Cleidion javanicum Blume, Bijdr. 613 (1826)

Species name meaning 'from Java' referring to one of its collection localities.

Synonyms
Acalypha acuminata Vahl ex Baill. [Illegitimate]
Acalypha spicigera Klotzsch
Cleidion javanicum var. javanicum
Cleidion spiciflorum auct. non (Burm.f.) Merr. (excl. type)
Lasiostyles salicifolia C.Presl
Macaranga tamiana K.Schum.
Mallotus geloniifolius MĘ╣ll.Arg. ex Pax & K.Hoffm. [Invalid]
Rottlera urandra Dalzell
Tanarius tamianus (K.Schum.) Kuntze
Tetraglossa indica Bedd.
Tragia filiformis Poir.

Diagnostics
The only Malesian species with domatia on lower leaf surface and a predominantly 2-locular ovary.

Description
(Shrub to) tree, up to 30 m high, dbh up to 50 cm, dioecious (to rarely monoecious); flowering branches 1-4.5 mm thick. Outer bark smooth to slightly roughened or fissured, thin, grey to brown (to greenish), cream to yellow inside, inner bark 3-10(-20) mm thick, light brown to yellowish to straw; sapwood white to straw to creamy yellow. Indumentum sericeous, in staminate parts also hirsute and variably oriented, vegetative parts (excluding domatia) glabrous, generative parts (sub)glabrous to sparsely hairy (except ovary glabrous to densely hairy); granulate surfaces absent. Stipules 2-3.5 by 0.75-1.5 mm, early caducous. Leaves usually in Terminalia growth (flushes); petiole 0.9-9 cm long, usually with 2 raised glands at apex; blade (ovate to) elliptic (to slightly obovate), 5-24 by 1.7-9.7 cm, length/width ratio 1.7-3.8(-4.6), base obtuse to cuneate (to attenuate), margin subentire to serrate with coarse teeth, teeth 7-20 per side, apex (rounded to acute to) acuminate, very apex retuse to rounded to acute, lower surface with shallow, open domatia with single and tufted hairs; nerves (3-)4-10 per side. Staminate inflorescences up to 25 cm long, basally 0.5-1.5 mm thick, flowers 3-several per node, in fascicles, rachis green; bracts 1-2.5 by 1-2 mm. Staminate flowers: pedicels up to 7 mm long, light green; buds 1.5-3 mm diam., brown when dry; sepals 2-4 by 1-2.5 mm, (light) green; stamens 48-120, filaments up to 1.8 mm long, anthers (0.3-)0.4-0.6 by 0.3-0.6(-0.8) mm, yellow to cream, apiculum 0.1-0.3 mm long. Pistillate inflorescences 2.5-11.5 cm long, basally 0.75-1.5 mm thick, 1-flowered, with 1-4 sterile bracts; latter 1.5-2 by 0.75-2 mm, early caducous. Pistillate flowers: abscission zone absent; sepals (4 or) 5, 1-2.5 by 1-2 mm, green, caducous to persistent; locules 2 (or 3); style 1-12 mm long; stigmas erect, 15-30 mm long. Fruits: one locule often reduced (perfect 3-seeded fruits extremely rare), 11-18 by 13-21 (1-seeded) or 19-28 mm (2-seeded), tardily opening, surface +/- smooth to verrucose, green when fresh, dark brown to dark grey when dry, inner wall often mottled. Seeds 8.5-14 by 8.5-13.5 mm; hilum elliptic to obovate, 2.5-5.5 by 1-2.5 mm. [from Flora Malesiana]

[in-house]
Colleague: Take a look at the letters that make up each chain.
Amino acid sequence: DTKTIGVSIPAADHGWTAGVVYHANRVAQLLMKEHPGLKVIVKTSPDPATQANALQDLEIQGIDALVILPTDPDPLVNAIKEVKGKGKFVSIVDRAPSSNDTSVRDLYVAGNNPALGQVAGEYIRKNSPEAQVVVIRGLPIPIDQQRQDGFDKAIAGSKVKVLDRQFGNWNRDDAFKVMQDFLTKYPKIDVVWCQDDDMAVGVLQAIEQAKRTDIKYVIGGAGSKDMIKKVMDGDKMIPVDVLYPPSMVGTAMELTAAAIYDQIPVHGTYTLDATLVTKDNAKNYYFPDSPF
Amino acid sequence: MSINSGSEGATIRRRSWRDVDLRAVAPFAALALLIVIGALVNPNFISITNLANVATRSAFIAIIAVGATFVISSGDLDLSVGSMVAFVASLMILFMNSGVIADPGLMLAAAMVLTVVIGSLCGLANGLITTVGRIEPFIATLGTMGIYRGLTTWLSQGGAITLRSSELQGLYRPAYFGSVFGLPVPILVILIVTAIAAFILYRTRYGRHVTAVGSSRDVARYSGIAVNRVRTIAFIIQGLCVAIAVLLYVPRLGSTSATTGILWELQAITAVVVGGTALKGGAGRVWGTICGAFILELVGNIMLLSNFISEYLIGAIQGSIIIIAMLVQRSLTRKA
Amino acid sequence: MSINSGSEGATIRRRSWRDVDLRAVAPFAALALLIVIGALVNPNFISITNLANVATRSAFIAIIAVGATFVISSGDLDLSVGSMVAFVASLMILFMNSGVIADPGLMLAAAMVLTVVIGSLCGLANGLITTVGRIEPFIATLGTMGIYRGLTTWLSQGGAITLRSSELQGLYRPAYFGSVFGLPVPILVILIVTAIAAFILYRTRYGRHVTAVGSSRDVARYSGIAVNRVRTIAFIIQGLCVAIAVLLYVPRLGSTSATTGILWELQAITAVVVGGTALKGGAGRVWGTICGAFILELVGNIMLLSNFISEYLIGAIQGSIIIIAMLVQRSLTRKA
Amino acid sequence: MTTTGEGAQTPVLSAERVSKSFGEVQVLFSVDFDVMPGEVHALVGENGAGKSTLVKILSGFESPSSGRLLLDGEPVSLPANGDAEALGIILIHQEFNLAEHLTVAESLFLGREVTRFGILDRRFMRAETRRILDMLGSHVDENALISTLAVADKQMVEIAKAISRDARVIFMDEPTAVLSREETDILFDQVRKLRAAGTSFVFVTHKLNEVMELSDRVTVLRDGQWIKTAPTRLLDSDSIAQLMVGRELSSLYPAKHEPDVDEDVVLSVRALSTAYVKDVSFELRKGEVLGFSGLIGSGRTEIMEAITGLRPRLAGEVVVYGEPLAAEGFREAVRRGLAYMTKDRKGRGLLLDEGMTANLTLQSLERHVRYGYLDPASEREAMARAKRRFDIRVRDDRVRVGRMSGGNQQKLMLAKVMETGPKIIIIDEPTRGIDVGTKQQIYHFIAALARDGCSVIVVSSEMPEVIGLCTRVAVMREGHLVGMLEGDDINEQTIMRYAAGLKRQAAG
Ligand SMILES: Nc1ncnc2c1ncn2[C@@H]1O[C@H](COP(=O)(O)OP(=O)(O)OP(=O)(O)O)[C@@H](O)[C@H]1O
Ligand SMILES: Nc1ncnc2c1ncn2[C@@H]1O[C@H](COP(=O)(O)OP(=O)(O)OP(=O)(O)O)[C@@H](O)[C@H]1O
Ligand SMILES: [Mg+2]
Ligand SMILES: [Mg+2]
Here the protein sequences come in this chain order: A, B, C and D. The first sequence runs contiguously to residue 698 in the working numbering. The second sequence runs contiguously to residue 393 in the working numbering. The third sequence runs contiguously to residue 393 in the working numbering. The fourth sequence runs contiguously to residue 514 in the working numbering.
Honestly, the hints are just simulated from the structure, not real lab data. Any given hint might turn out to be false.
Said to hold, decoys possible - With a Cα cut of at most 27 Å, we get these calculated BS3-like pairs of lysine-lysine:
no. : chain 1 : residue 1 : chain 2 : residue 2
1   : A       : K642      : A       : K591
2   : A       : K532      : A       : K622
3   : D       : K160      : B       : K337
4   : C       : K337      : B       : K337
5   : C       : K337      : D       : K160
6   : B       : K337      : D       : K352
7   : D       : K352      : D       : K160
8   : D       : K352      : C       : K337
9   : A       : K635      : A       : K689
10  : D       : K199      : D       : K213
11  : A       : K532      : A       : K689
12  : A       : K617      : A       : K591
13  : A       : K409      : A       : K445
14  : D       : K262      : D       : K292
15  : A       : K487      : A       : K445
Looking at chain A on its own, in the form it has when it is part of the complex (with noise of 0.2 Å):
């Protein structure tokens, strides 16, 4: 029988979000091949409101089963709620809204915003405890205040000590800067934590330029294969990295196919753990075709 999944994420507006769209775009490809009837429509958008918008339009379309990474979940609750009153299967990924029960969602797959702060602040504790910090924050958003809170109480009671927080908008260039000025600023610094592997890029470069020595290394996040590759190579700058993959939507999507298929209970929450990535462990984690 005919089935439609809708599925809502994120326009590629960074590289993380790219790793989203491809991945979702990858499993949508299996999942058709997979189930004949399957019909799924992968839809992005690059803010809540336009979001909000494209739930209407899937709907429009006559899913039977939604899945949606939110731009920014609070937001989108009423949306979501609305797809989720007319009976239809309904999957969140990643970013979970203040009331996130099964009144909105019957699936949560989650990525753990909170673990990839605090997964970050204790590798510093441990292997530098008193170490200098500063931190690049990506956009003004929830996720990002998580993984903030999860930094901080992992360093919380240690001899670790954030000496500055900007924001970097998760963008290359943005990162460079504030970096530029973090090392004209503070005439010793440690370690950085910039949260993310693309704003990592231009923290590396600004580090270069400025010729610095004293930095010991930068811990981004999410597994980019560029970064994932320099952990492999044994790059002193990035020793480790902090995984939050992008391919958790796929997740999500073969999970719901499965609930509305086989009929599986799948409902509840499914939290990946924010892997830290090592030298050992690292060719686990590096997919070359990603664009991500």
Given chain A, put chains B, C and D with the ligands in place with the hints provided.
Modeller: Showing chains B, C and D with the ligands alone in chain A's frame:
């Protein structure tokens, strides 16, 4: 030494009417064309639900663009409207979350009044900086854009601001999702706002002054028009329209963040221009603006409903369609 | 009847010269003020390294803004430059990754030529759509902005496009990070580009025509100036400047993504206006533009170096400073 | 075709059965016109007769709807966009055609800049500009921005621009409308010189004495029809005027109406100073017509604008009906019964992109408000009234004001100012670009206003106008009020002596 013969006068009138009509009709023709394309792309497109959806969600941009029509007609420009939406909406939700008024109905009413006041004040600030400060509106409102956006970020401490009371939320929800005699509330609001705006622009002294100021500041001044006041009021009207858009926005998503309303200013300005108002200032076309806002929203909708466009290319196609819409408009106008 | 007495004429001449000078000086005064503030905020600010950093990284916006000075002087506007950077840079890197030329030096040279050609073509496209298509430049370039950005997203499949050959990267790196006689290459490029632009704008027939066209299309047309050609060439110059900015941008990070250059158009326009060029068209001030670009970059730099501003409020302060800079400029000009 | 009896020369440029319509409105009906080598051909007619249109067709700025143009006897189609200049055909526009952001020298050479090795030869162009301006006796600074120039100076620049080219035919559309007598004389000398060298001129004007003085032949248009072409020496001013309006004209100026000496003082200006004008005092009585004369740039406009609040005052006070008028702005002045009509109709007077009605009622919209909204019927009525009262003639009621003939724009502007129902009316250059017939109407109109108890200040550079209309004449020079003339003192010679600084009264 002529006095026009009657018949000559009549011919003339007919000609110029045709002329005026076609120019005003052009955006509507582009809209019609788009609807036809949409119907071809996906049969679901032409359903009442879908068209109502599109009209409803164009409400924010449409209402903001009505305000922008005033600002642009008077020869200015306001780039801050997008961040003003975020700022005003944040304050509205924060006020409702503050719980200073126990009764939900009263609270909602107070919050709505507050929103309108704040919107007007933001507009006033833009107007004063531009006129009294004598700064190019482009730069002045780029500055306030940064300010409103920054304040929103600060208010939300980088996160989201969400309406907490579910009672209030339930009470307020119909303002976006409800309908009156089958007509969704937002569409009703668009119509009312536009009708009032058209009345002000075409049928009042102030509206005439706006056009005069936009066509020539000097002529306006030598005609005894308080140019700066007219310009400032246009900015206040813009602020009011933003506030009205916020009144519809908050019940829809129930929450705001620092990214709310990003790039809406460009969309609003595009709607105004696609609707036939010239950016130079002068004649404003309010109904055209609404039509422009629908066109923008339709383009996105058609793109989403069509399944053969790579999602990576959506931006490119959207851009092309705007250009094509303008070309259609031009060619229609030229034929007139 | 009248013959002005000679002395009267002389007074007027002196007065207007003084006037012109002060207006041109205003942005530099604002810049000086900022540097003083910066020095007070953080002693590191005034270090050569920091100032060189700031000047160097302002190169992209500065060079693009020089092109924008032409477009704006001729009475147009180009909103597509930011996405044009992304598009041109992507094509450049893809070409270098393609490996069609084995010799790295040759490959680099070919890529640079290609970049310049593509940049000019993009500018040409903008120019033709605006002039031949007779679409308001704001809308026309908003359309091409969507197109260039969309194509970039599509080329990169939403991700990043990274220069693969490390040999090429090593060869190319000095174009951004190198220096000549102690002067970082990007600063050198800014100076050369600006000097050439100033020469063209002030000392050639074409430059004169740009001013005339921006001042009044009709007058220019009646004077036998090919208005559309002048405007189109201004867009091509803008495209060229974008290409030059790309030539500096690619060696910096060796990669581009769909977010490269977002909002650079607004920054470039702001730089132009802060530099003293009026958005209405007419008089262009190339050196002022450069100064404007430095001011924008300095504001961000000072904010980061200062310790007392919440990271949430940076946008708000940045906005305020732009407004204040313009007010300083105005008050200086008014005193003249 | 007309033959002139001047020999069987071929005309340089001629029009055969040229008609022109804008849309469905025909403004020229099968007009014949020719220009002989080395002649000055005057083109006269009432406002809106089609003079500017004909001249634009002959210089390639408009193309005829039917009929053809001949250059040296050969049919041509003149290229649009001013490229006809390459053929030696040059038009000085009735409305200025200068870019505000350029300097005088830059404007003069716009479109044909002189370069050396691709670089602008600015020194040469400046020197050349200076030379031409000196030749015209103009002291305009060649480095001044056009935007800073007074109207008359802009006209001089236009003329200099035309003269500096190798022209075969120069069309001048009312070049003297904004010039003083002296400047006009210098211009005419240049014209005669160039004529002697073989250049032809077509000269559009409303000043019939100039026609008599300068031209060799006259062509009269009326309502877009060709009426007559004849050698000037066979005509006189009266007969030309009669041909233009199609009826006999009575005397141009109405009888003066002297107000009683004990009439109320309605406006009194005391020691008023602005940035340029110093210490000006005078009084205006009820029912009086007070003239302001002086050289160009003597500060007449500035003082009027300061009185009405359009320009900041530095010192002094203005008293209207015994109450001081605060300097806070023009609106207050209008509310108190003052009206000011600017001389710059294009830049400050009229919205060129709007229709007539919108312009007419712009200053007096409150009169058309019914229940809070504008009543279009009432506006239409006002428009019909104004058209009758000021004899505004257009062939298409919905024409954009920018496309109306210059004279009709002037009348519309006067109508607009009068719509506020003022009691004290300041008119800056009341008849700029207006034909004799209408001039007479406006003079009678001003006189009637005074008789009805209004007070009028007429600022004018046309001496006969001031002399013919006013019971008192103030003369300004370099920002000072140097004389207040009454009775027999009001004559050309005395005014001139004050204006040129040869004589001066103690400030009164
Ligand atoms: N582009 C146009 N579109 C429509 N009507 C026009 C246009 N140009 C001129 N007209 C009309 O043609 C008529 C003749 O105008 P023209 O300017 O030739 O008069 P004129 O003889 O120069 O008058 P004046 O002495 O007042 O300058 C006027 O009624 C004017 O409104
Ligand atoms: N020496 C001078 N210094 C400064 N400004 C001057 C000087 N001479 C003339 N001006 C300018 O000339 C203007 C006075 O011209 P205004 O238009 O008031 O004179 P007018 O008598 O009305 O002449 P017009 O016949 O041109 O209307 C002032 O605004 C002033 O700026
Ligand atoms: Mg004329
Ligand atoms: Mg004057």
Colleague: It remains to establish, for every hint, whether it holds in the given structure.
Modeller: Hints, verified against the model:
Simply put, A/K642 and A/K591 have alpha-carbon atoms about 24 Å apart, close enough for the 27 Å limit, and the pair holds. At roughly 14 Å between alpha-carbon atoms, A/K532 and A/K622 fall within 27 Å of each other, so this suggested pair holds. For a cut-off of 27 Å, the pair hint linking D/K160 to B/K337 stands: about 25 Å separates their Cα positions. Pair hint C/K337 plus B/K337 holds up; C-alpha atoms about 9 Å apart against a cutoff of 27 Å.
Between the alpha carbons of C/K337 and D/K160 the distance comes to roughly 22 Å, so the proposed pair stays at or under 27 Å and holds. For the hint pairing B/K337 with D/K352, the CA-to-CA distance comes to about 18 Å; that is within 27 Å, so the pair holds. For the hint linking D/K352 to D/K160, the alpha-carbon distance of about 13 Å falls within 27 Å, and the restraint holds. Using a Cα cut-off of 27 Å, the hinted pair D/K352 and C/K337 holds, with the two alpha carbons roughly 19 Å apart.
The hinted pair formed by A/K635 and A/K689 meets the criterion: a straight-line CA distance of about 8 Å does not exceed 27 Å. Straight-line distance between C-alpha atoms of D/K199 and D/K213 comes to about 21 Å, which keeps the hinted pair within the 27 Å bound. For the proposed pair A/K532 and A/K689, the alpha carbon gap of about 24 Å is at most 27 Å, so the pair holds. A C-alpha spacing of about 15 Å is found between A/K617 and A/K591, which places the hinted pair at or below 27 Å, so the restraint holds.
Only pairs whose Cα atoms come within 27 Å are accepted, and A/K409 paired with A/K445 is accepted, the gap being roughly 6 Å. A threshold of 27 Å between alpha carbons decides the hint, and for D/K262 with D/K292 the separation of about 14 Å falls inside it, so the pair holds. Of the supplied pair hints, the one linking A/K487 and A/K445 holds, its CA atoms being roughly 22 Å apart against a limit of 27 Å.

Ecology
In open to shaded places, evergreen to deciduous primary and secondary forests, often along rivers or streams; alluvial to dry soil; varying bedrock, but often on limestone. Altitude up to 1200 m.

Uses
Various parts are used medicinally in Thailand and the Philippines: a decoction of the poisonous leaves will produce abortion, and a decoction of the bark is used for stomach ache; in the Solomon Islands a decoction of the bark is used externally to treat scabies. It is a common village shade tree in the Solomon Islands. The wood is used for house posts in Vanuatu. The wood is reported to be greyish white and soft.

Distribution
From India and southern China to New Guinea, Australia and the West Pacific.

Local names
Bali: Putian (Javanese).
Borneo: Entupak (Iban).
Java: Hura batu (Sundanese).
Papua New Guinea: Tea (Bembi); marramamoi (Kaigulin); la mala goli goli (West Nakanai, New Britain); siwono, ibubu (Bougainville Isl.).
Philippines: Paitan, santiki (Tagalog); tubataba (Tagbanua).
Solomon Islands: Saola (Kwaraí»ae).
Sumatra: Urel tenge.
Thailand: Di mee (Karieng); dimi, ma-dee-mee, maj maduug.
Vanuatu: Doptop wumer (Uripiv, Malekula Isl.); nagheliromp (Larevet, Malekula Isl.).